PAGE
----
Throughout history, young people have found places on the frontlines of history’s social movements, specifically those pertaining to civil rights. The 21st century is no exception. One local student group doing the work in the community is the Student Advisory Council.

Sacramento City Unified School District Student Board Member, Olivia Ang-Olson explained, “The Student Advisory Council is a group of youth who represent the students of the Sacramento City Unified School District. We come from different schools, and together, we work to amplify the voices of SCUSD youth. We work on group initiatives to benefit students – education and wellness.”

These SCUSD students work tirelessly on a variety of campaigns to improve equity and quality of education for their peers. Ang-Olson continued, “This past year the SAC began work on two projects: a sex-ed evaluation and a care-closet. The sex-ed evaluation aimed to gather student input on the efficacy of sex-ed instruction in school, and the care-closet team surveyed students on the need for donated clothing at school sites.” 

Members of the SCUSD Student Advisory Council have done a great deal of work in their community and they continue to adapt to work with and for local students. Olivia continued, “Recently, the SAC hosted a virtual discussion/healing space for high schoolers to talk about police brutality and the impacts on themselves as students. The event, hosted over Zoom, brought youth representation from not only Sacramento, but across California and the Nation: Sacramento, San Francisco, San Jose, Marin, Alameda, Los Angeles, Arizona, New Jersey, Texas, Massachusetts, and Virginia. Students facilitated conversations around police violence, systemic racism, ideas for self-care and wellness, and goals for local/state/national changes.”

Youth engagement in social justice movements is not only important because of the role young people play in shaping the future, but also the unique qualities they can provide the movement with. Ang-Olson explained “Youth bring energy to social movements. We are not bogged down by the obstacles set to prevent change; we are emboldened by the injustices we’ve seen, and we are empowered by our unwavering determination to create a better world. With fresh perspectives, youth bring creativity and ingenuity in solutions where others could not. We have faith in activism and the possibility for change.”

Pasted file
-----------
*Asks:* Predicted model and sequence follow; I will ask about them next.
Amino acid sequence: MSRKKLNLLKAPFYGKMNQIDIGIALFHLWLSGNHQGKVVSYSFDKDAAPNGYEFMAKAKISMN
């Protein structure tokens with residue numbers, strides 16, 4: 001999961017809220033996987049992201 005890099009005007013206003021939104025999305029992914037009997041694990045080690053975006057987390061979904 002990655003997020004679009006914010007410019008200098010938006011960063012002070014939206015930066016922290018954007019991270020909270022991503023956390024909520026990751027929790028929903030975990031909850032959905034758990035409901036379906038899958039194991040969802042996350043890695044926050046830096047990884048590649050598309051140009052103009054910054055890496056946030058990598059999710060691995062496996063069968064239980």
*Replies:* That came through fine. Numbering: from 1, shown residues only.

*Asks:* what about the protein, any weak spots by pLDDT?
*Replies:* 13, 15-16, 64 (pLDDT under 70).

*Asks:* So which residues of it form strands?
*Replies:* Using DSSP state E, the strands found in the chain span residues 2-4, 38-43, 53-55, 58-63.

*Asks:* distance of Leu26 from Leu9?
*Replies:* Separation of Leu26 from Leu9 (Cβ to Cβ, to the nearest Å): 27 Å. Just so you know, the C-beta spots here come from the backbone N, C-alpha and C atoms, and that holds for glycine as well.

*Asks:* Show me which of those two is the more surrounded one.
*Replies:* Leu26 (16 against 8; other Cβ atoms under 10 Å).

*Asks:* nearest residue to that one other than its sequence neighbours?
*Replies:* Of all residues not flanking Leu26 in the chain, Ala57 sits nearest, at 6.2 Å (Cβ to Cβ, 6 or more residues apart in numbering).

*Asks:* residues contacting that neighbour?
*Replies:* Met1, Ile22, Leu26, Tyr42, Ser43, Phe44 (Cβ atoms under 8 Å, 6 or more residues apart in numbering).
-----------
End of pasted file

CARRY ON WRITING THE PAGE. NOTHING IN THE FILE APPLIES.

There are so many ways that young people can engage in movements and take part in history. Ang-Olson concluded, “If you are unable to attend protests, especially with the health concerns of the COVID-19 pandemic, there are other ways for youth peers to participate. Sign petitions – add your name to the millions demanding justice. Donate – contribute a donation to bail funds, policy reform organizations, victim memorial funds, Black LGBTQ organizations, and countless others (just look it up).”

 “You can also reform the community around you; have conversations with your friends and your family; prompt discussions with individuals unaware of institutionalized racism; direct fellow community members to informative articles. Additionally, everyone can contact their elected representatives and public officials. Email you representatives; speak during a City Council or School Board public comment; to improve our communities we must hold people accountable, so voice your opinion and provide your input to the officials making the decisions.”